IT security software and service provider ESET has uncovered a new malware variant called that is being spread by the Advanced Persistent Threat Group BackdoorDiplomacy. Known as Turian, the malware primarily targets Ministries of Foreign Affairs and telecommunication companies in Africa and the Middle East.
The investigation and findings reveal that the BackdoorDiplomacy group is executing a cross-platform attack approach that targets both Windows and Linux systems. The attacks usually start by exploiting vulnerable internet-exposed applications on webservers in order to install a custom backdoor that ESET has christened Turian. Furthermore, the group can detect removable media, most likely USB flash drives, and copy their contents to the main drive’s recycle bin.
The attacks targeted data collection executables and are designed to look for removable media (most likely USB flash drives). The implant routinely scans for such drives and, upon detecting insertion of removable media, attempts to copy all the files on them to a password-protected archive. It is capable of stealing the system information, taking screenshots, and writing, moving, or deleting files.
Speaking on the sidelines of the ESET World Conference where the investigation report was tabled, Ken Kimani ESET Channel Manager East Africa said that the “by definition, an advanced persistent threat is an attack by an unauthorized user who gains access to a system or network and remains there for an extended period of time without being detected giving them have continued access to sensitive data that they seek to steal“. He added that the “the group is targeting servers with internet-exposed ports and likely exploiting poorly enforced file-upload security or unpatched vulnerabilities which leave missions and organizations exposed leading to loss of sensitive data”.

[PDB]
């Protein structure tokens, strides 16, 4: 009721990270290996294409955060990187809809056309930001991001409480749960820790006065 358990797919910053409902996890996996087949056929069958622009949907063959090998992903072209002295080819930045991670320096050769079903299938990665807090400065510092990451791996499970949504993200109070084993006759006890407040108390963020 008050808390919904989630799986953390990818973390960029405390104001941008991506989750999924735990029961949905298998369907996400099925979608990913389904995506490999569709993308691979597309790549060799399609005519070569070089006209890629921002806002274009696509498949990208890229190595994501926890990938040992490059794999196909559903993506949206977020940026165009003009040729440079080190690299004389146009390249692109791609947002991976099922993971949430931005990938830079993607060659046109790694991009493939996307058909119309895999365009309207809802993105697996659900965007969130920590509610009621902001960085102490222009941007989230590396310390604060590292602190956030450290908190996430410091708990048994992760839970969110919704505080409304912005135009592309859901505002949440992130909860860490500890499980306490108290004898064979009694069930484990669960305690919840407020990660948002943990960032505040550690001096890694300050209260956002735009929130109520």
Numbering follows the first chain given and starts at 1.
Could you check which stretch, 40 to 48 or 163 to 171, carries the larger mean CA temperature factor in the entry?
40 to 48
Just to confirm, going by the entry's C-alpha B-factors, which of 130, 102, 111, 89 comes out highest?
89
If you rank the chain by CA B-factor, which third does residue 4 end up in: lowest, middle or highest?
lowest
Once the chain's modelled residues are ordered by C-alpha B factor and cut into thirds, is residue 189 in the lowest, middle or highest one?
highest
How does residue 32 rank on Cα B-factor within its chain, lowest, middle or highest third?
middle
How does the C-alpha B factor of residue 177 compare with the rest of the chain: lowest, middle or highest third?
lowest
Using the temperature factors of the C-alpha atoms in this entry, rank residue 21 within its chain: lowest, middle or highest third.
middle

The BackdoorDiplomacy Group shares tactics, techniques, and procedures with other Asia-based groups such as the Gelsemium Cyberespionage Group and Calypso who are all Asia-based groups. The Turian malware represents a next stage evolution of Quarian which was the backdoor attack last observed in use in 2013 against diplomatic targets in Syria and the United States. The Turian’s network encryption protocol is nearly identical to the network encryption protocol used by Whitebird another backdoor attack deployed within diplomatic organizations in Kazakhstan and Kyrgyzstan during the same timeframe as BackdoorDiplomacy (2017-2020).
The victims of BackdoorDiplomacy have been discovered in the Ministries of Foreign Affairs of several African countries, as well as in Europe, the Middle East, and Asia. Additional targets include telecommunications companies in Africa, and at least one Middle Eastern charity. In each case, operators employed similar tactics, techniques, and procedures (TTPs), but modified the tools used, even within close geographic regions, likely to make tracking the group more difficult.